# eps

Floating-point relative accuracy

## Syntax

``d = eps``
``d = eps(x)``
``d = eps(datatype)``
``d = eps("like",p)``

## Description

````d = eps` returns 2-52, which is the distance from `1.0` to the next larger double-precision number.```

example

````d = eps(x)`, where `x` has data type `single` or `double`, returns the positive distance from `abs(x)` to the next larger floating-point number of the same precision as `x`. If `x` has type `duration`, then `eps(x)` returns the next larger `duration` value. The command `eps(1.0)` is equivalent to `eps`.```

example

````d = eps(datatype)` returns `eps` according to the data type specified by `datatype`, which can be either `"double"` or `"single"`. The syntax `eps("double")` (default) is equivalent to `eps`, and `eps("single")` is equivalent to `eps(single(1.0))`.```

example

````d = eps("like",p)` returns the positive distance from `1.0` to the next larger floating-point number of the same precision as the floating-point variable `p`, with the same data type, sparsity, and complexity (real or complex) as `p`.```

example

## Examples

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Return the distance from `1.0` to the next larger double-precision number.

`d = eps`
```d = 2.2204e-16 ```

`eps` is equivalent to `eps(1.0)` and `eps("double")`.

Compute `log2(eps)`.

`d = log2(eps)`
```d = -52 ```

In base `2`, `eps` is equal to `2^-52`.

Return the distance from `10.0` to the next larger double-precision number.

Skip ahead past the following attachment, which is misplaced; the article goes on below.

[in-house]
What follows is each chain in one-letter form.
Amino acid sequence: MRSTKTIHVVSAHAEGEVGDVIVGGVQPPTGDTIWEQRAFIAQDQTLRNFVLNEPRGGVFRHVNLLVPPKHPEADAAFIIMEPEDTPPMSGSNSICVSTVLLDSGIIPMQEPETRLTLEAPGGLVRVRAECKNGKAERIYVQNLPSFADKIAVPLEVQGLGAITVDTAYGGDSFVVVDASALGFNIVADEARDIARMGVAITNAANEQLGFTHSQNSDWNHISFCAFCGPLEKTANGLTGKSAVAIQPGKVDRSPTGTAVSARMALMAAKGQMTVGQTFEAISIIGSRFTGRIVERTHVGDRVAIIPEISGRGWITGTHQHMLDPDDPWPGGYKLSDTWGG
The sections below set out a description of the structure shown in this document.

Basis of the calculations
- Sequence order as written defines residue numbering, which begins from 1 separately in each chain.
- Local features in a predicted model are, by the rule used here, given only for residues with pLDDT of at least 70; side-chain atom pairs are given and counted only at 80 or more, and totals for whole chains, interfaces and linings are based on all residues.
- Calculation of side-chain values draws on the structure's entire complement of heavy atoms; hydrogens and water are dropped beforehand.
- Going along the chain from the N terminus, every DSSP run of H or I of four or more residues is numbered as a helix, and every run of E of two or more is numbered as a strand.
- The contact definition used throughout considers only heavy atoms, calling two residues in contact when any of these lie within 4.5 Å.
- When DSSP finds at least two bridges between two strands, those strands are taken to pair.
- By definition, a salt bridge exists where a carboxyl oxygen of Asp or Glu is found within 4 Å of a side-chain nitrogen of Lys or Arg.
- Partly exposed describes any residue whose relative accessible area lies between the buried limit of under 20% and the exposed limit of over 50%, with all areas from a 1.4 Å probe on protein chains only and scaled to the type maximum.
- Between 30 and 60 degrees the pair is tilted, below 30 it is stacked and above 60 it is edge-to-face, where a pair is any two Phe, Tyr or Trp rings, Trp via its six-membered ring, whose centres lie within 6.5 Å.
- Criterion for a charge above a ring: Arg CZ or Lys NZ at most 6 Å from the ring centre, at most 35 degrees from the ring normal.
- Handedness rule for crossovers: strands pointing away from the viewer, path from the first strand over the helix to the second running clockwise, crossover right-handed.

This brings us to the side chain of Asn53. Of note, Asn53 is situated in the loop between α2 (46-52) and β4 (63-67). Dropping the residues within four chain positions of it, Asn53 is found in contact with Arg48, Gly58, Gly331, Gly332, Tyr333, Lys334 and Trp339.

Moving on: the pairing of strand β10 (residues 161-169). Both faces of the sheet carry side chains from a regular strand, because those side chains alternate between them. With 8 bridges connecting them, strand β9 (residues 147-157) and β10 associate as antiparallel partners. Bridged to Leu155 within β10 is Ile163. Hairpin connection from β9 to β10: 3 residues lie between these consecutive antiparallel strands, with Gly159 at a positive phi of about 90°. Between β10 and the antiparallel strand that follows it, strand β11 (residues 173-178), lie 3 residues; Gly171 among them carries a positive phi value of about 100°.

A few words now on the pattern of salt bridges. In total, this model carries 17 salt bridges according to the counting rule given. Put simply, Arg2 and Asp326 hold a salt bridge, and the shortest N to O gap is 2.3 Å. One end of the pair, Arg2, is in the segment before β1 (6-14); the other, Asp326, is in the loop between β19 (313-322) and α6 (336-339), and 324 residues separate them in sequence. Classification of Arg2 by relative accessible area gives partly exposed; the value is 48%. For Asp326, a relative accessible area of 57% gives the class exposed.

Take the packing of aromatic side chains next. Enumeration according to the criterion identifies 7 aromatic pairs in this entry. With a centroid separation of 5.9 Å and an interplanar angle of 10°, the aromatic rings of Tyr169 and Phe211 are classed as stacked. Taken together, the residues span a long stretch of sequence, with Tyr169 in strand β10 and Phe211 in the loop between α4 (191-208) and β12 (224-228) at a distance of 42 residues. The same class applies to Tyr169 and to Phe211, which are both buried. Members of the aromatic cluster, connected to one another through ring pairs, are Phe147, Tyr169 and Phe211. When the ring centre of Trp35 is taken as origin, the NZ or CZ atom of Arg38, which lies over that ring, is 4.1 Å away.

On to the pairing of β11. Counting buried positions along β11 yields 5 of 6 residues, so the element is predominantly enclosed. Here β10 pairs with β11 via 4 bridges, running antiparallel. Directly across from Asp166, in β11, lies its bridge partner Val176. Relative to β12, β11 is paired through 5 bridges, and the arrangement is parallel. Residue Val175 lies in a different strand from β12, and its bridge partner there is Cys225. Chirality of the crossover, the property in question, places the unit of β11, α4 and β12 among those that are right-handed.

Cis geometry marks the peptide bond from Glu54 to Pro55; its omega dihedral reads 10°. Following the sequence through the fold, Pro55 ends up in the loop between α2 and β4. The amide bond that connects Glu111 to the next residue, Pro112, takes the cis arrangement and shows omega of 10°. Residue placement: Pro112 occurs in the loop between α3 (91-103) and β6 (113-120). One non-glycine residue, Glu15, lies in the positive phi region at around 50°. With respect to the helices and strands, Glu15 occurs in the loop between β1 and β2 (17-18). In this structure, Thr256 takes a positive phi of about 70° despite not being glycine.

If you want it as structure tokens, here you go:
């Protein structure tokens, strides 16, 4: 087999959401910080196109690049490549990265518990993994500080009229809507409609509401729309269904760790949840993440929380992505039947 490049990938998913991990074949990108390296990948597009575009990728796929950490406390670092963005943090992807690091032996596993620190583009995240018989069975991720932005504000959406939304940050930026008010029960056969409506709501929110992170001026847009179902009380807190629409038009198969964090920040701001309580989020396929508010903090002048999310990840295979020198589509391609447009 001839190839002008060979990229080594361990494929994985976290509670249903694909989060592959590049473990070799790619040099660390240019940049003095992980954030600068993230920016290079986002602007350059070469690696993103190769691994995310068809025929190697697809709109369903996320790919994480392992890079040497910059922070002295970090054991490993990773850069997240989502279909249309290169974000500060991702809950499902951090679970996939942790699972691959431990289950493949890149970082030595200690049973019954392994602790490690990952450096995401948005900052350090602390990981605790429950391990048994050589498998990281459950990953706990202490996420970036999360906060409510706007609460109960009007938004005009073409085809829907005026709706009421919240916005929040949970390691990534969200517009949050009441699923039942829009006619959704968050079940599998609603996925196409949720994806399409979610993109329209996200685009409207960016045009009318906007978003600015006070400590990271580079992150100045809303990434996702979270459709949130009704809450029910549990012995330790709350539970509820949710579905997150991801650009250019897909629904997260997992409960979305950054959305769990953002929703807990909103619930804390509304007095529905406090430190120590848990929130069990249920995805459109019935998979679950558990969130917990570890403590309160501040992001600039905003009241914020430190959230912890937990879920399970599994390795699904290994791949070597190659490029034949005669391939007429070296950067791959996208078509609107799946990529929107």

`d = eps(10.0)`
```d = 1.7764e-15 ```

Return the distance from `1.0` to the next larger single-precision number.

`d = eps("single")`
```d = single 1.1921e-07 ```

`eps("single")` is equivalent to `eps(single(1.0))`.

Compute `log2(eps("single"))`.

`d = log2(eps("single"))`
```d = single -23 ```

In base `2`, single-precision `eps` is equal to `2^-23`.

Return the distance from the single-precision representation of 10.0 to the next larger single-precision number.

`d = eps(single(10.0))`
```d = single 9.5367e-07 ```

Return the distance from `1.0` to the next larger floating-point number with the same data type and complexity as an existing array.

First, create a complex vector of `single` data type.

`p = single([0.12+2i -0.5i 3]);`

Return the distance from `1.0` to the next larger floating-point number as a scalar that is complex like `p`.

`d = eps("like",p)`
```d = single 1.1921e-07 +0.0000e+00i ```

Create a 10-by-10 sparse matrix.

`p = sparse(10,10,pi);`

Return the distance from `1.0` to the next larger floating-point number with the same data type and sparsity as `p`. The output is a 1-by-1 sparse matrix.

`d = eps("like",p)`
```d = sparse double (1,1) 2.2204e-16 ```

## Input Arguments

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Input array, specified as a scalar, vector, matrix, or multidimensional array. `d` is the same size as `x`. For all `x`, `eps(x) = eps(-x) = eps(abs(x))`. If `x` is complex, `d` is the distance to the next larger floating-point number in magnitude. If `x` is `Inf` or `NaN`, then `eps(x)` returns `NaN`.

Data Types: `double` | `single` | `duration`
Complex Number Support: Yes

Output data type, specified as `"double"` or `"single"`.

• `eps("double")` is equivalent to `eps` and `eps(1.0)`.

• `eps("single")` is equivalent to `eps(single(1.0))` and `single(2^-23)`.

Data Types: `char`

Prototype, specified as a floating-point variable.

Data Types: `double` | `single`
Complex Number Support: Yes

## Version History

Introduced before R2006a